Tech Review: 3 Apps to Gamify Your Workouts
In the last few years, fitness apps have become very popular among people. Many of them are free and some even offer paid versions. Some of these apps are aimed at beginners while others cater to advanced exercisers. However, most of them do not provide any sort of challenge or incentive for users; they just serve as a way to stay motivated during their workouts.
What if there was a game that could motivate people to get up off the couch? What if it provided real challenges and rewards? What if it helped people improve their physical condition?
These questions were answered when Tech Review decided to create a fitness app called “Tech Review: 3 Apps to Gamify Your Workouts”. Here’s how it works:
1) You start your workout with one of three different exercises.
2) After completing each exercise, you receive points based on your performance.
3) When you reach a certain point total, you will be rewarded with prizes based on your level of achievement.
Fitness level: Your points will determine your fitness level. The higher it is, the more exercises you can do. Beginner: 0-299 points: You’re a couch potato! Intermediate: 300-699 points: You’re getting active.
Check your app for new exercises. Advanced: 700-1199 points: You’re in great shape! Professional: 1200+ points: You’re a pro! You’ve trained with the best and have an amazing physique.
Exercises: Each exercise is worth a different amount of points. The exercises are as follows:
Running: 30 minutes of running adds 100 points to your score. Jumping Rope: 10 minutes of jumping rope adds 50 points to your score. Weight Lifting: 1 hour of any weight lifting adds 200 points to your score.
Prizes: Each level has different prizes to offer. Prizes are awarded when your total points reach a multiple of 500. For example, getting 500 points will award a t-shirt, 1500 points will award a sports drink, etc. Prizes are awarded only once.
Thanks to this app, people are striving to achieve their exercise goals and have something to work towards other than just losing weight or getting into shape. It’s fun, it’s challenging, and it’s addicting. Check it out!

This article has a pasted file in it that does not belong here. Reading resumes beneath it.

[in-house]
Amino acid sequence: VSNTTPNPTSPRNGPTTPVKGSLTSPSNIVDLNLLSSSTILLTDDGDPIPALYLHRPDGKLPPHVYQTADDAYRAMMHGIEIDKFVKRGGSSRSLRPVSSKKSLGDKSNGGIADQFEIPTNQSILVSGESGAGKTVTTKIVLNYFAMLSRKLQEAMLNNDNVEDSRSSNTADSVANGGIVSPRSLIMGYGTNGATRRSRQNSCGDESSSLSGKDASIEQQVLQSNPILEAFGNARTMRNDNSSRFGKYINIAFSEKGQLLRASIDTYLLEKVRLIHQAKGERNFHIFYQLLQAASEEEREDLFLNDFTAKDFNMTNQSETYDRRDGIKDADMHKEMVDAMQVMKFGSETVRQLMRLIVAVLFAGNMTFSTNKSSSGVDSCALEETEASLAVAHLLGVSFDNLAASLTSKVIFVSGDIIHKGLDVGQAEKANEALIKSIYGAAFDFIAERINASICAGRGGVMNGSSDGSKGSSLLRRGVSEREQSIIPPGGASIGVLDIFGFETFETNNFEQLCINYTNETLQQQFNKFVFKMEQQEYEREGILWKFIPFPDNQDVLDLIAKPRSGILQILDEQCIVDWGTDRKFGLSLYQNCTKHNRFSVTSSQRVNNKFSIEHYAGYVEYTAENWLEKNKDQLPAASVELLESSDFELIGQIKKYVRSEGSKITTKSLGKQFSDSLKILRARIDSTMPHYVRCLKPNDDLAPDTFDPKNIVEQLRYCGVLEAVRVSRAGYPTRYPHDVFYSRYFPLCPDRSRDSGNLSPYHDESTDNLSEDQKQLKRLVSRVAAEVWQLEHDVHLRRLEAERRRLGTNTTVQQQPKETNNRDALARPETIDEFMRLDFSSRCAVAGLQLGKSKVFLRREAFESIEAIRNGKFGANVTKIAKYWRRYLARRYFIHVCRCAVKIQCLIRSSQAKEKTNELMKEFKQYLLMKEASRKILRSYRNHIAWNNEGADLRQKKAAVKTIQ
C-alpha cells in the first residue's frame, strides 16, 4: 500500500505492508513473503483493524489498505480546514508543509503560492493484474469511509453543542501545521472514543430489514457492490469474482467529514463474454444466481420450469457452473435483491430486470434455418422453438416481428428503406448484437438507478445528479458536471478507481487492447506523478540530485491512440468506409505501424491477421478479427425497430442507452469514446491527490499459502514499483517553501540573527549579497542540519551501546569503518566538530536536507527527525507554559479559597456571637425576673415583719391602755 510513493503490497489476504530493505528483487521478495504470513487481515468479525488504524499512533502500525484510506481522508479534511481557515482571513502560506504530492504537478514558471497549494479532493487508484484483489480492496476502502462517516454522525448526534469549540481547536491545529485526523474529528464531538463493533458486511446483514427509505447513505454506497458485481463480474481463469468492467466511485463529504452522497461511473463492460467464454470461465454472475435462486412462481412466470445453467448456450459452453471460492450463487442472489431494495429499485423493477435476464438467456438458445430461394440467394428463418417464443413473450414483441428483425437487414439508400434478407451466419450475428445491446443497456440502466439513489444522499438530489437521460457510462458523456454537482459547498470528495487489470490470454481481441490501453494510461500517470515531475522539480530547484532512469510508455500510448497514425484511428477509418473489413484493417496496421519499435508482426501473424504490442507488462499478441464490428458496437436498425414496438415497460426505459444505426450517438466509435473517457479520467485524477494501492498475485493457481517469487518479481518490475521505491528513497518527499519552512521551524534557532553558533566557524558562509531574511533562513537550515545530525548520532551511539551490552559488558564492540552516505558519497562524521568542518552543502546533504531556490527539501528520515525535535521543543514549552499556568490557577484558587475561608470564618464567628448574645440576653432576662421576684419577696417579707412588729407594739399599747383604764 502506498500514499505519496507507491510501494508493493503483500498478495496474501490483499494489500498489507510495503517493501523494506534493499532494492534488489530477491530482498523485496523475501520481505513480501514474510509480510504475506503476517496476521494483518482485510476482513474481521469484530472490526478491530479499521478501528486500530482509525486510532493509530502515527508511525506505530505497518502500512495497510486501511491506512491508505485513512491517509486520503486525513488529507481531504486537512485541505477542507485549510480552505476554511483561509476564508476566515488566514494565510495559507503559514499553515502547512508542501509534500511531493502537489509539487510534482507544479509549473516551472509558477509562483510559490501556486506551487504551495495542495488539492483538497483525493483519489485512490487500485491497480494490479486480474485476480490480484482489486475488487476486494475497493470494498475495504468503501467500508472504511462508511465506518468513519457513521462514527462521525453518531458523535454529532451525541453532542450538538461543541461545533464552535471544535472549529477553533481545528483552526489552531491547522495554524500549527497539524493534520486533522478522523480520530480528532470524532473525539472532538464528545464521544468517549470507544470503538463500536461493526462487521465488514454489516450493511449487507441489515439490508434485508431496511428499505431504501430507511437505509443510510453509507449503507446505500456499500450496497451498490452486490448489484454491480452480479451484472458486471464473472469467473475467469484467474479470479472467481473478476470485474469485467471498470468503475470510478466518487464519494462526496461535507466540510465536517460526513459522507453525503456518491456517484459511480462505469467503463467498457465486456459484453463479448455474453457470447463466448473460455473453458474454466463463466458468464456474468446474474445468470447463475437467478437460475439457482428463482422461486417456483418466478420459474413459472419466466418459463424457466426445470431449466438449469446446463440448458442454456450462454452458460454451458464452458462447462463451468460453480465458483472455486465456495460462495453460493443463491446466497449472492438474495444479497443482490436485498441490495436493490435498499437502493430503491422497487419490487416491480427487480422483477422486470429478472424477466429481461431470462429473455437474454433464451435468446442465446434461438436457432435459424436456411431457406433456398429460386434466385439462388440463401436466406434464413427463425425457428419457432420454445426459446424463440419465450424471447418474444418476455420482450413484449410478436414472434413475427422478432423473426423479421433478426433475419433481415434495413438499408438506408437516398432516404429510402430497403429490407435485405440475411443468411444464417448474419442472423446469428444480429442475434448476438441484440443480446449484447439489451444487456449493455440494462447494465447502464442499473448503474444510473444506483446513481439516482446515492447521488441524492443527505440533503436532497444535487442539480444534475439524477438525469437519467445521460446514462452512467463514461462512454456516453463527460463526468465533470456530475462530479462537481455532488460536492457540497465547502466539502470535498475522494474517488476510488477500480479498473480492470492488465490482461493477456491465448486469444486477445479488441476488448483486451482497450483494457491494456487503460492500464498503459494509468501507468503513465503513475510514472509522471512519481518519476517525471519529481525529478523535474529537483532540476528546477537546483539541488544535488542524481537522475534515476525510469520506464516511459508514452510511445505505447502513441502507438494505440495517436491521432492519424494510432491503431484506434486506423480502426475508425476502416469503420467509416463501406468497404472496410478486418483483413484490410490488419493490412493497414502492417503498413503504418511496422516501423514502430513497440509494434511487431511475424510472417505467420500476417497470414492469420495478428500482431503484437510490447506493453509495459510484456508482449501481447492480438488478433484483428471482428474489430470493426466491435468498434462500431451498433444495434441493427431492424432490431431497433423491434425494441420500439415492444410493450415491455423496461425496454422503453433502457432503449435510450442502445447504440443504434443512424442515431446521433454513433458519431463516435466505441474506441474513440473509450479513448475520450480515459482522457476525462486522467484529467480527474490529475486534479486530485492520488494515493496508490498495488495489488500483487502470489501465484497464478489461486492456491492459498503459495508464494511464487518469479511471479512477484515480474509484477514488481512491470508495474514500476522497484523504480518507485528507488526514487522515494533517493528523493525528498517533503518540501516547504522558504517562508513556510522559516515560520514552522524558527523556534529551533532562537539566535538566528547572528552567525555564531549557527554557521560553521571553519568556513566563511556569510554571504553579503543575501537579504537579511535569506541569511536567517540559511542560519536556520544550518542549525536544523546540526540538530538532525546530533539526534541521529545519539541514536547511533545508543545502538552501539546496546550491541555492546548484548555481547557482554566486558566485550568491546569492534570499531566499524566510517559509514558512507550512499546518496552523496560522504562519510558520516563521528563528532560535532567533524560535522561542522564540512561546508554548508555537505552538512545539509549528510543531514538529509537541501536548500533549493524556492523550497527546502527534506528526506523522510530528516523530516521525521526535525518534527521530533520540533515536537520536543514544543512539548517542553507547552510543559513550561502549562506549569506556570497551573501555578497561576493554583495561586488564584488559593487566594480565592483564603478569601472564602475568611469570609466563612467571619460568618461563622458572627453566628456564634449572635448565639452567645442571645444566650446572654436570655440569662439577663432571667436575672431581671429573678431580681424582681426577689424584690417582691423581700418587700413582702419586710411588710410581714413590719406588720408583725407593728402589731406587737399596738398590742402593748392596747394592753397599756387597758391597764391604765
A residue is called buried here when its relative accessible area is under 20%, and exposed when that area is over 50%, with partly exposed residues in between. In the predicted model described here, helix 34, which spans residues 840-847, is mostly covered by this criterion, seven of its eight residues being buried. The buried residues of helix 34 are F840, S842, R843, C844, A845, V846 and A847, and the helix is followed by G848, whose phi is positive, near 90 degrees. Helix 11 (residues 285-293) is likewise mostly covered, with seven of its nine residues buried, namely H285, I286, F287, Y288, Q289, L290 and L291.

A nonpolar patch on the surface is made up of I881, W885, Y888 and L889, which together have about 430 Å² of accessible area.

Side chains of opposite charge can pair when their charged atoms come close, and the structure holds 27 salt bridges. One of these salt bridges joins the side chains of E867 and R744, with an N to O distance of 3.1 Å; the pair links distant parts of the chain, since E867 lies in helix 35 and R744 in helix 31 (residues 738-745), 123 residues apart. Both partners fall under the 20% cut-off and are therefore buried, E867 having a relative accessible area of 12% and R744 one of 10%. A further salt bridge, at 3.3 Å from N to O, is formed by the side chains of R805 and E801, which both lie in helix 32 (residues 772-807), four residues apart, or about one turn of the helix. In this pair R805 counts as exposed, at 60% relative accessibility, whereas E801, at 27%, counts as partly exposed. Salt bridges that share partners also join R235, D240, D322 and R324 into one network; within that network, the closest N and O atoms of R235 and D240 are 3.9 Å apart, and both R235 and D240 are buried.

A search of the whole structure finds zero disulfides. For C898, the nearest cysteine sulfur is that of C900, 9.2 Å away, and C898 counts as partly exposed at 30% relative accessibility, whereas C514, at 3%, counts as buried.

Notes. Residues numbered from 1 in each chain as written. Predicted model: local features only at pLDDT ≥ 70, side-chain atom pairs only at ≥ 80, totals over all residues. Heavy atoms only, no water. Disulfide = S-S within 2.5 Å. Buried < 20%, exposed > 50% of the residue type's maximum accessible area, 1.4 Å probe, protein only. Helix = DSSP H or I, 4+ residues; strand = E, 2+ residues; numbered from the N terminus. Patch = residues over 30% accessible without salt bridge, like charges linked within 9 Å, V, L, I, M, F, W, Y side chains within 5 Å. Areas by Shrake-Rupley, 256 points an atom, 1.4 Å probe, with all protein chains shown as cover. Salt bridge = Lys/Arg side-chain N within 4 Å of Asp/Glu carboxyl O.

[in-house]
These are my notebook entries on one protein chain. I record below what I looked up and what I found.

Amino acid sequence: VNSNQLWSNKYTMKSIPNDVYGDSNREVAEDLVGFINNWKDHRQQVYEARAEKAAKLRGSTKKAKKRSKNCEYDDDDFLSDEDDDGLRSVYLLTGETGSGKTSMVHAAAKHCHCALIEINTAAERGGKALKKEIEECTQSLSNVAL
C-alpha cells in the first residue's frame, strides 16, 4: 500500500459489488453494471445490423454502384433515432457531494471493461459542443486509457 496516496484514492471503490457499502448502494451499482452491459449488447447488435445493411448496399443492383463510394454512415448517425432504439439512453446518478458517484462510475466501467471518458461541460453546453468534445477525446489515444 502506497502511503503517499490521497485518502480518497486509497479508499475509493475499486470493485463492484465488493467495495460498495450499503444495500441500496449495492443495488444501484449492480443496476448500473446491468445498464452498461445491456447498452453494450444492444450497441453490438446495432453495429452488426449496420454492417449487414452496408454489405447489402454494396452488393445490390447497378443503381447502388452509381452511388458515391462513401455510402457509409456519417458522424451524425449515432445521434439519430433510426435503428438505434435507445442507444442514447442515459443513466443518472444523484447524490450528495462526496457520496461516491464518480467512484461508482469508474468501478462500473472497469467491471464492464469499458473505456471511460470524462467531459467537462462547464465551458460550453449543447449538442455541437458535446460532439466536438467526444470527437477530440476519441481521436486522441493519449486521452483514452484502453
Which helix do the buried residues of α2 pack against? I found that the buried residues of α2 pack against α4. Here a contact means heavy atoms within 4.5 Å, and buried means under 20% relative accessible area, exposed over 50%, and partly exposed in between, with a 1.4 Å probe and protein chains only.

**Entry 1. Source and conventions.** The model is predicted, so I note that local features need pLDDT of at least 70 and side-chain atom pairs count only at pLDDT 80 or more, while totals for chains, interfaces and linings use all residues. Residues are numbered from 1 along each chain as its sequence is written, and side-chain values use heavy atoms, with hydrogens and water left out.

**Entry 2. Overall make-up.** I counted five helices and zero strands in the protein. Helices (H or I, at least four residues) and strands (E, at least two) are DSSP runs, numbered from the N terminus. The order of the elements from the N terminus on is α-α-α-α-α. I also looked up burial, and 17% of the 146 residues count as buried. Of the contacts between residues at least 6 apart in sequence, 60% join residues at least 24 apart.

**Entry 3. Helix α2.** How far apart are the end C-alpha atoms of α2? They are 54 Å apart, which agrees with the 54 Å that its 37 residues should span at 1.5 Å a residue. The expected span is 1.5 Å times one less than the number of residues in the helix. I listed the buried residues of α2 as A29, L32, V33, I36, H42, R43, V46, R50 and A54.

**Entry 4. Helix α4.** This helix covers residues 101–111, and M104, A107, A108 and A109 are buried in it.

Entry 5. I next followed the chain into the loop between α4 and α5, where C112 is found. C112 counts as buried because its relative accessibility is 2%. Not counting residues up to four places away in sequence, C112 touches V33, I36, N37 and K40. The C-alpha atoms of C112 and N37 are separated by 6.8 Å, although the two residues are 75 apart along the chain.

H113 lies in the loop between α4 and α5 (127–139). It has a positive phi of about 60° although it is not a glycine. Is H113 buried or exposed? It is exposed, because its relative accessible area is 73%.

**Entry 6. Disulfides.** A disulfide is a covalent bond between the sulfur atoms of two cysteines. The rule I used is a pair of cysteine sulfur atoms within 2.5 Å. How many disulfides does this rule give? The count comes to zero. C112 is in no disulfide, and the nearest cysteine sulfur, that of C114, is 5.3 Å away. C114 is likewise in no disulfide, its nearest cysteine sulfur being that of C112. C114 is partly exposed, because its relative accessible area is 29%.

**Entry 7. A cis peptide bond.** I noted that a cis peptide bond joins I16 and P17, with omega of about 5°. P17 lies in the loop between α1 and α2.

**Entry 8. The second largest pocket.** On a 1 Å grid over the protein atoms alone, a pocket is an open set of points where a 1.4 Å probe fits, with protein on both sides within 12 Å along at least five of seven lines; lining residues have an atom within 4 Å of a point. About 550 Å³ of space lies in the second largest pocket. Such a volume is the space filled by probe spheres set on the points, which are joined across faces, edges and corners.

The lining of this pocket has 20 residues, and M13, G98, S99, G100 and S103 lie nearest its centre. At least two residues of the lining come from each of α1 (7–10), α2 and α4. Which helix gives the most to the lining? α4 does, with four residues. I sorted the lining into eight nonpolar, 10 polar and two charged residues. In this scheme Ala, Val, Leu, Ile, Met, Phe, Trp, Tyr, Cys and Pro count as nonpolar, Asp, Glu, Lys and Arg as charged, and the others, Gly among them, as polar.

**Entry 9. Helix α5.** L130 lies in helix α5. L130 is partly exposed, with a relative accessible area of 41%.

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And now, here’s your host, Forrest Wang.
Forrest: Thanks, Paul. I’m Forrest Wang, and I’m here to tell you about the latest and greatest in technology. Today’s topic is Tech Review’s new fitness app, Tech Review 3.0.
We’ve all been there. We buy a brand new phone, and it has every feature imaginable. Then, a few years later, we’re stuck with an outdated piece of technology. It happens to the best of us.
Fortunately, Tech Review has created a solution to this problem: Tech Review 3.0. This new app will completely revitalize your smart phone and put it up to date. In fact, it’ll put a lot more than just the phone itself “up to date”, if you know what I mean. So, let’s get started.
As of right now, there are three different versions of this app: Tech Review for iPhones, Tech Review for Androids, and Tech Review for Regular Phones (I don’t know why it isn’t called Tech Review for dumb phones, but I guess they just didn’t want to offend anyone). For this review, I will be using the iPhone version of the app.
So, how does it work?
It’s pretty easy. At the bottom of your screen, you’ve got five different categories: Activity, Food, Drink, Mindset, and Sleep. All you have to do is click on one of these categories when you want to use it. For example, let’s say you just finished running 5 miles. Click on the Activity category, then click on Run, and then on Mileage. Once you’ve chosen your activity, a bunch of different statistics regarding your run will appear on your screen. You can see how far you ran, how fast you were going, the duration of your run…anything and everything you’d ever want to know about your run is at your fingertips.
Alright, the next thing I’m going to do is choose the Food category and click on the Breakfast button. When you click on food, a new screen appears with a bunch of different buttons. Each one has a different meal on it: Breakfast, Lunch, Dinner, Snack #1, Snack #2, and so on and so forth. Each one of these buttons represents a different meal you’ve had during the day.
For example, I had oatmeal this morning for breakfast, so I’m going to click on the Bowl button under Breakfast.
A bunch of different questions will appear on your screen, such as What Kind of Oatmeal Was It? (I had old fashioned oats) and How Did You Spice It Up?
(I added raisins and brown sugar). Answering these questions will help you keep track of what you’ve been eating and how you like to eat it.